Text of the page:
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Paul Combs: Unknown Dameron

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Paul Combs: Unknown Dameron
Photograph by Larry Redman

Even if the project – for it is just that – Unknown Dameron by composer, arranger, saxophonist, pedagogue and author Paul Combs did not turn into the double-disc that Mr Combs intended it to be, it still has the qualities of an epic one. At just over hour long the single disc is packed with twelve unrecorded and seldom played gems by the i9nimitable composer and arranger Tadd Dameron. Coming as it does from Mr Combs, a musician and scholar of deep erudition, this work dramatically expands the instantly recognisable repertoire of Mr Dameron from a mere eight songs, in one fell swoop, to twenty. This is to say, that once this recording of Mr Dameron’s songs – arranger here by Mr Combs – has been heard, there is every indication that musicians ought to falling over themselves to listen deeply and jump on these wonderful compositions (and arrangements) that have been rescued from near-oblivion, with a view to recording them.

Mr Combs had already distinguished himself (speaking of scholarship) for his 260-plus page biography of Mr Dameron entitled Dameronia: The Life and Music of Tadd Dameron (University of Michigan Press, 2013). One assumes that in the process of his meticulous research he unearthed these songs. Actually his dig yielded many more of Mr Dameron’s unknown charts, but these, we have been told, are mired in copyright and other litigious messes which meant Mr Combs was unable to put them down on record in time to complete this project. More’s the pity as this music proves. It is a stupendous recording as it is, expanding Mr Dameron often moody but always glorious canvas to include art that has been hidden away for many decades. So why unearth it now?

The answer lies, quite simply, in the fact that Mr Dameron is one of the most important composers not only of the generations that include such great men and women as Duke Ellington and Billy Strayhorn, Mary Lou Williams, Charles Mingus Charlie Parker and Dizzy Gillespie, Thelonious Monk, Herbie Nichols and a handful of others, but also the likes of George Gershwin and the composers of music in found in what is often referred to as the Great American Songbook. A songwriter and infrequently a lyricist too, Mr Dameron was a teller of stories on an epic scale, often making attempts to leap outside the scope of the two and three minute song. He was also a remarkable pianist who helped his own music leap off the page with his musicianship, which was on display for at least three decades with a host of great Jazz musicians including Fats Navarro, Miles Davis, Cecil Payne, Dizzy Gillespie and others.

In a masterful sleight of hand, Mr Combs has recreated that canvas by “painting” over with arrangements evocative of Mr Dameron’s work with Charlie Rouse and Ernie Henry, Cecil Payne, Fats Navarro and others. From the buzzing rumble of “Conversation” and “The Rampage” to the dreamy glissandos of “Moon from the East” and “Come Close” Mr Combs has recreated these charts of beguiling variety and sensuousness in every lovingly caressed phrase. Focusing on the unknown gems from an incomparable composer Mr Combs has wrought, from his ensemble, performances of the kind of dramatic tautness and the élan; something for which Mr Dameron’s compositions have always known.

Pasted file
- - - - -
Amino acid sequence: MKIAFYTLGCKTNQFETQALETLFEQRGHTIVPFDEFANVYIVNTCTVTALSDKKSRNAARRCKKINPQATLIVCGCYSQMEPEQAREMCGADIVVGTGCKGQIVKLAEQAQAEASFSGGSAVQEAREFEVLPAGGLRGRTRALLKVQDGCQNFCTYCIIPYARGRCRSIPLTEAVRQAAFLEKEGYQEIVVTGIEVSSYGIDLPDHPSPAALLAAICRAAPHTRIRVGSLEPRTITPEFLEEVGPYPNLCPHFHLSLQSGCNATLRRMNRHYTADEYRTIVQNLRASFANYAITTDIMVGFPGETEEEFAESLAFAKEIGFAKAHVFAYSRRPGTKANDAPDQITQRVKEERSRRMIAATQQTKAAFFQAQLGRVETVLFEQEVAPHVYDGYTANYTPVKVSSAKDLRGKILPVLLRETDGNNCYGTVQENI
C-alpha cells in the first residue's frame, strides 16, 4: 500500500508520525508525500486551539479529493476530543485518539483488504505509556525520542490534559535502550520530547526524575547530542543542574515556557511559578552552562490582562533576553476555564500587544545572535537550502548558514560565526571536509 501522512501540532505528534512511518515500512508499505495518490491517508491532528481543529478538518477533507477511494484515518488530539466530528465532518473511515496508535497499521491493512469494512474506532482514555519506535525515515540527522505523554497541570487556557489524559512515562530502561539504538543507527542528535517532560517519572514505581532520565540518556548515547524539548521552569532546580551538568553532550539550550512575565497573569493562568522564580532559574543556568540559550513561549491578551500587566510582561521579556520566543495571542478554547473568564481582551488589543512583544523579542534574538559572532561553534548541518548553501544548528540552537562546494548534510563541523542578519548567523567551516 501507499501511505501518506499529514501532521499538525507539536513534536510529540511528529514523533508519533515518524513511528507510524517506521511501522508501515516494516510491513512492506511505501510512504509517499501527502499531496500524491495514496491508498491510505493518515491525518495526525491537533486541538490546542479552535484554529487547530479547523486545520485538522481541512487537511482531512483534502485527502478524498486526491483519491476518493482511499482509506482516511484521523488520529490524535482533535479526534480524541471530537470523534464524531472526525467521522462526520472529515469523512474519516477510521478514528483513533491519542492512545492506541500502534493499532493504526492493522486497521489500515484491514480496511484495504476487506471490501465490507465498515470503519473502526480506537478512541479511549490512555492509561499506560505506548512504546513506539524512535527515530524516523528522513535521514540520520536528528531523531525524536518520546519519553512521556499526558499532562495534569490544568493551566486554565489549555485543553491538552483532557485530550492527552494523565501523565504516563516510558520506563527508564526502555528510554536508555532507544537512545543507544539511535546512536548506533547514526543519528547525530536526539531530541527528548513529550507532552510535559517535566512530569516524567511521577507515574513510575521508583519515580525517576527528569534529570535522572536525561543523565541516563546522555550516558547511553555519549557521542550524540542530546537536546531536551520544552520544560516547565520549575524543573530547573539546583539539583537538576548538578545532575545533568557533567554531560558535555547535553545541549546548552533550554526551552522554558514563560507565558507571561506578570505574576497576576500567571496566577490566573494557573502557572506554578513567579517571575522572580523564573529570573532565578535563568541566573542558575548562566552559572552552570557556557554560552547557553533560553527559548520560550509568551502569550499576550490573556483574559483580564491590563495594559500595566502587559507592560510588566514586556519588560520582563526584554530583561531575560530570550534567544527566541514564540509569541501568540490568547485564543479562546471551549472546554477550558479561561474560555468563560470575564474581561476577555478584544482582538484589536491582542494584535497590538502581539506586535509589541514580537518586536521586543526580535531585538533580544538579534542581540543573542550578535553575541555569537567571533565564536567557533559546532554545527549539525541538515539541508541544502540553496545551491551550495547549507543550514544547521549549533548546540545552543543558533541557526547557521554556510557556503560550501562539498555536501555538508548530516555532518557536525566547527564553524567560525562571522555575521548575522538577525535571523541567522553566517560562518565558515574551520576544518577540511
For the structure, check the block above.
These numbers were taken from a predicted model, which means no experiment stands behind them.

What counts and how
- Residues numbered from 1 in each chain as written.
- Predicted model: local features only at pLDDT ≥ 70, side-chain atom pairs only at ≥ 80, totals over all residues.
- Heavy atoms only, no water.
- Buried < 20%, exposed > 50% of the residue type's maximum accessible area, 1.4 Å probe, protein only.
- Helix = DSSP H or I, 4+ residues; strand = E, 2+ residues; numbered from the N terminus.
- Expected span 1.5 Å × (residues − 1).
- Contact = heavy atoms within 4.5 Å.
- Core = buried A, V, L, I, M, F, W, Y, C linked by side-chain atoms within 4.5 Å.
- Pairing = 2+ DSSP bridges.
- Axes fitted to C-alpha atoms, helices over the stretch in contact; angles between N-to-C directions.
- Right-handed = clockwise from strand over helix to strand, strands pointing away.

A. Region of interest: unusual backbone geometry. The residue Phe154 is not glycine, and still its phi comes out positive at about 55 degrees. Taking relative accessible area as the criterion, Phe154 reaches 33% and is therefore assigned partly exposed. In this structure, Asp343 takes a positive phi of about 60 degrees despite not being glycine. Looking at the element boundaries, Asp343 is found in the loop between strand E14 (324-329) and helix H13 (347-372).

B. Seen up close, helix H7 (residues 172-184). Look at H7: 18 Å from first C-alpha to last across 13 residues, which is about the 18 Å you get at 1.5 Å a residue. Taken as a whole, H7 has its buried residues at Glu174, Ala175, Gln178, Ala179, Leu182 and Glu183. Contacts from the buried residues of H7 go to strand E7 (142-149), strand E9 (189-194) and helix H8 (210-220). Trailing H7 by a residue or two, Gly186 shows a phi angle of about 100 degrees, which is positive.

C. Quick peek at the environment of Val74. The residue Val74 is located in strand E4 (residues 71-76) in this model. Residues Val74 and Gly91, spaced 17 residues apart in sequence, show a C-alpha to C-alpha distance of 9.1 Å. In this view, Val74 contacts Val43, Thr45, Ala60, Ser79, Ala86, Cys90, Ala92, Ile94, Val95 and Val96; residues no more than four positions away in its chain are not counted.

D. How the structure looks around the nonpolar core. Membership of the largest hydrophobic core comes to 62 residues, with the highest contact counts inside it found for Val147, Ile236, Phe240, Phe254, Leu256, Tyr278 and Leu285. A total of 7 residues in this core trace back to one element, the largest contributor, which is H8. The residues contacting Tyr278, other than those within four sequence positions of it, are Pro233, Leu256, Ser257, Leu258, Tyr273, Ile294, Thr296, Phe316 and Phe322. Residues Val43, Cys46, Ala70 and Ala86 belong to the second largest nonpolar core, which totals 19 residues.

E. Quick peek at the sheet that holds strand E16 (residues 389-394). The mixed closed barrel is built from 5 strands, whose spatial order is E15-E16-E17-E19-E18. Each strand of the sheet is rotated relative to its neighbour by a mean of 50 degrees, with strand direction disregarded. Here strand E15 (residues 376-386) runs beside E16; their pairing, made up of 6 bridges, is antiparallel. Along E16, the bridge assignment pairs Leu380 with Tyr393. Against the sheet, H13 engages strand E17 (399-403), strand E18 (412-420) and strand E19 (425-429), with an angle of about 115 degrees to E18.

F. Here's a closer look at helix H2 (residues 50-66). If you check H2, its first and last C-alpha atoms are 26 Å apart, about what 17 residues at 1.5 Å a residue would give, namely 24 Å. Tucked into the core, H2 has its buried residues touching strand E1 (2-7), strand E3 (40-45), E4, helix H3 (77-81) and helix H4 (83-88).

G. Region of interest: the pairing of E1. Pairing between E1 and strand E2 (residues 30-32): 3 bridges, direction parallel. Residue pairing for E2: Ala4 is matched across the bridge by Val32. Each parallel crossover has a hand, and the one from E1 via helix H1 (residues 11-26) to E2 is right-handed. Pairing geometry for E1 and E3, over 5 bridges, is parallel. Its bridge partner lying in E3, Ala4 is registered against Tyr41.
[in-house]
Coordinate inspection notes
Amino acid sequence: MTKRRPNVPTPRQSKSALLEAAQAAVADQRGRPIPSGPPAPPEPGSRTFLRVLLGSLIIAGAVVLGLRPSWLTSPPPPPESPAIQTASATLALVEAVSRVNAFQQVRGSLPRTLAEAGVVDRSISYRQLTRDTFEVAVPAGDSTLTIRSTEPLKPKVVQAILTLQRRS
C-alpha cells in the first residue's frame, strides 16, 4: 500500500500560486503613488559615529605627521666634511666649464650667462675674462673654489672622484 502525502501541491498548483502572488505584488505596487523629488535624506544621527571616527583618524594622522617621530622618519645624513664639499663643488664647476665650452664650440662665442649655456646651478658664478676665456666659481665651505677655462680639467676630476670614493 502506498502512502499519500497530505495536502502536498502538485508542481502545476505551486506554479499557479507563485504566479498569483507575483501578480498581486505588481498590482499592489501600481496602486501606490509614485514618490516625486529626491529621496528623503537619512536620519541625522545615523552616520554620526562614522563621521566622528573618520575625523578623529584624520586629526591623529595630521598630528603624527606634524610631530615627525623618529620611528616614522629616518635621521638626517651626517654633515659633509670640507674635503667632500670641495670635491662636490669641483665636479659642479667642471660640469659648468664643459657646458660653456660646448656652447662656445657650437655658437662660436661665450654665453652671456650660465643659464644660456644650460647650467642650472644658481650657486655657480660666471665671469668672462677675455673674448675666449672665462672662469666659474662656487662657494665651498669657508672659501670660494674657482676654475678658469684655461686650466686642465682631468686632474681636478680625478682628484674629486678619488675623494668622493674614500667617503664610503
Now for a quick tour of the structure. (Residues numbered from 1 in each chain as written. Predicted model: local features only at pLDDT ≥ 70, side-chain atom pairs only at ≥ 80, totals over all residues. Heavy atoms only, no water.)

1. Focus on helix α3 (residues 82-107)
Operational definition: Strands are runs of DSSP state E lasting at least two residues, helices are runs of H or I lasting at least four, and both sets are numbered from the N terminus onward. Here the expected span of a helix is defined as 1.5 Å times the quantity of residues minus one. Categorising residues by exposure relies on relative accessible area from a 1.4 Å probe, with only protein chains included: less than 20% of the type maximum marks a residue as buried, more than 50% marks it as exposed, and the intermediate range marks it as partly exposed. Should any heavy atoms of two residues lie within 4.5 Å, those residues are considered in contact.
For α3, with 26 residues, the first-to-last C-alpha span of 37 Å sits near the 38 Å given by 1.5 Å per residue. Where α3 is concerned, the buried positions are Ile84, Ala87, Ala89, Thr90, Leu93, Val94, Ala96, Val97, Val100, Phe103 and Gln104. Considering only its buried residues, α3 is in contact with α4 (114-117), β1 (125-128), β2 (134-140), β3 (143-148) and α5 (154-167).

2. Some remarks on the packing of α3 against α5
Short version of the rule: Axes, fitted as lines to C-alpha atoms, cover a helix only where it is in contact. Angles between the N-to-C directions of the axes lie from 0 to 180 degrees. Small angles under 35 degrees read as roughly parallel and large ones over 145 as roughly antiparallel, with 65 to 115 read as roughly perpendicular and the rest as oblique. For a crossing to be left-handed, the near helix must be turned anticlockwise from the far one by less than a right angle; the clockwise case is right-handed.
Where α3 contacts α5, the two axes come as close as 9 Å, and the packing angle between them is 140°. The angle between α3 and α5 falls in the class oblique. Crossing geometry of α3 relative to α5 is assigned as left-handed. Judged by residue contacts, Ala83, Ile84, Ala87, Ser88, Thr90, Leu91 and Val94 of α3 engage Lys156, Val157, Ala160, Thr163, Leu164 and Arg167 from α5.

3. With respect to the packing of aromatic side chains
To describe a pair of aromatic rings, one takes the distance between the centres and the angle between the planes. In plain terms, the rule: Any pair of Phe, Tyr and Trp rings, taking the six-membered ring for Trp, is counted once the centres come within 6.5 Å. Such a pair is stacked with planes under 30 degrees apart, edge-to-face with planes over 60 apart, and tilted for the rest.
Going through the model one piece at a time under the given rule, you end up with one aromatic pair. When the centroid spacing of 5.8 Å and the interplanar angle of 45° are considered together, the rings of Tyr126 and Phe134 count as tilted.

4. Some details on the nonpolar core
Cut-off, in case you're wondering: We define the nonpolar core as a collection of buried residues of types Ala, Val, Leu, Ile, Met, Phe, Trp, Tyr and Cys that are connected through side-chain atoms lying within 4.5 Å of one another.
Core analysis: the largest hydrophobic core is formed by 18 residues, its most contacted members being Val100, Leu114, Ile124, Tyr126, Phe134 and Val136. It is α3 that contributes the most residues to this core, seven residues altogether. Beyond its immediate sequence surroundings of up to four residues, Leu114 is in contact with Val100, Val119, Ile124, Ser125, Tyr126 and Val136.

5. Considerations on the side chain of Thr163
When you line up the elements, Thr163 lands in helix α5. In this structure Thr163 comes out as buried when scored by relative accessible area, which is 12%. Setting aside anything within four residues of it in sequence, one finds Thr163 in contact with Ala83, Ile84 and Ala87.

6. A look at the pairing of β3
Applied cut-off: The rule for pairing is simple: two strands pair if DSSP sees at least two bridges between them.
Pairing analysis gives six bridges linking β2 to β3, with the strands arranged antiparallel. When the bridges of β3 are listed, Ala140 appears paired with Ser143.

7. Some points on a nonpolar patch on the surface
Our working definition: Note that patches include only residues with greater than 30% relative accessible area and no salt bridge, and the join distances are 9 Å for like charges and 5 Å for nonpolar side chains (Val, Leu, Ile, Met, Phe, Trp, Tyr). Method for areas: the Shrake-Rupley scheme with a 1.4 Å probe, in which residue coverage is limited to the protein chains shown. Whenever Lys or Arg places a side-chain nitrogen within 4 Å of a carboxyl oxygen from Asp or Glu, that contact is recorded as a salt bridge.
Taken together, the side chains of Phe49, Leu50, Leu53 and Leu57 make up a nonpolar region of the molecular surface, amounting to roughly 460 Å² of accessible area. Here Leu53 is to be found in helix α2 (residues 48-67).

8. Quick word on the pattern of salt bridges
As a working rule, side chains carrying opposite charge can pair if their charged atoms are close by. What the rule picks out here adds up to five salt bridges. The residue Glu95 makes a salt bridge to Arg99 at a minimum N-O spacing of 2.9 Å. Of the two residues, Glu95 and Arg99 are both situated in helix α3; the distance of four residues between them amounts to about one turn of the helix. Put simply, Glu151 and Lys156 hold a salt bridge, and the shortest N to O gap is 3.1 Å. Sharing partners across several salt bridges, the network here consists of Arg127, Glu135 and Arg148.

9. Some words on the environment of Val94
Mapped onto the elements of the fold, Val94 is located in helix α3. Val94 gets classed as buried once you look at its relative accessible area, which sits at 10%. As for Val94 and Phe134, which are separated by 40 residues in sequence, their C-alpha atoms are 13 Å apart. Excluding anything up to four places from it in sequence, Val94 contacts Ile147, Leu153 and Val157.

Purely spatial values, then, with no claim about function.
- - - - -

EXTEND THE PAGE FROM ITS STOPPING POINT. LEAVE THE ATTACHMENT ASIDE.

Listening to the way in which Mr Combs himself bends the notes in “Conversation” and “Sando Latino”, and how trumpeter Derek Cannon sculpts the long inventions of “Don’t Forget It”, or how pianist Kamau Kenyatta makes the black dots of “A La Bridges” leap off the page, it’s clear that there’s not a semiquaver that hasn’t been fastidiously considered. The recording also features pianists Bill Cunliffe, Melonie Grinnell and Ken Cook, bassists Jeff Denson, Alex Frank and Rob Thorsen, drummers Alex Aspinall and Richard Sellers and vocalist supreme Danielle Wertz; all musicians who are completely attuned to Mr Combs’ and – more importantly – Mr Dameron’s – vision and artistry. Booklet notes (baring a few unfortunate typographic slip-ups) are detailed and revelatory, and Mr Combs also adds his inimitable historical and discographical detail to each song. It’s a recording to absolutely die for…

Track list – 1: Conversation; 2: Moon from the East; 3: Take a Chance on Spring; 4: Don’t Forget It; 5: The Search; 6: Never Been in Love; 7: Sando Latino; 8: A La Bridges; 9: Weekend; 10: Zakat; 11: Come Close; 12: The Rampage

Personnel – Paul Combs: alto saxophone (3, 4, 7, 10 – 12) and baritone saxophone (1, 2, 5, 8, 9); Derek Cannon: trumpet and flugelhorn(1,2, 4, 5, 7, 8 10 – 12); Ken Cook: piano (3, 6, 9); Bill Cunliffe: piano (1, 4, 8); Melonie Grinnell: piano (5, 11, 12); Kamau Kenyatta: piano (2, 7, 10); Jeff Denson: bass (3, 6, 9); Alex Frank: bass (1, 4, 8); Rob Thorsen: bass (2, 5, 7, 10 – 12); Alex Aspinall: drums (3, 6, 9); Richard Sellers: drums (2, 5, 10 – 12); Danielle Wertz: vocals (3, 6, 9)

Released – 2019
Label – Summit Records
Runtime – 1:16:54

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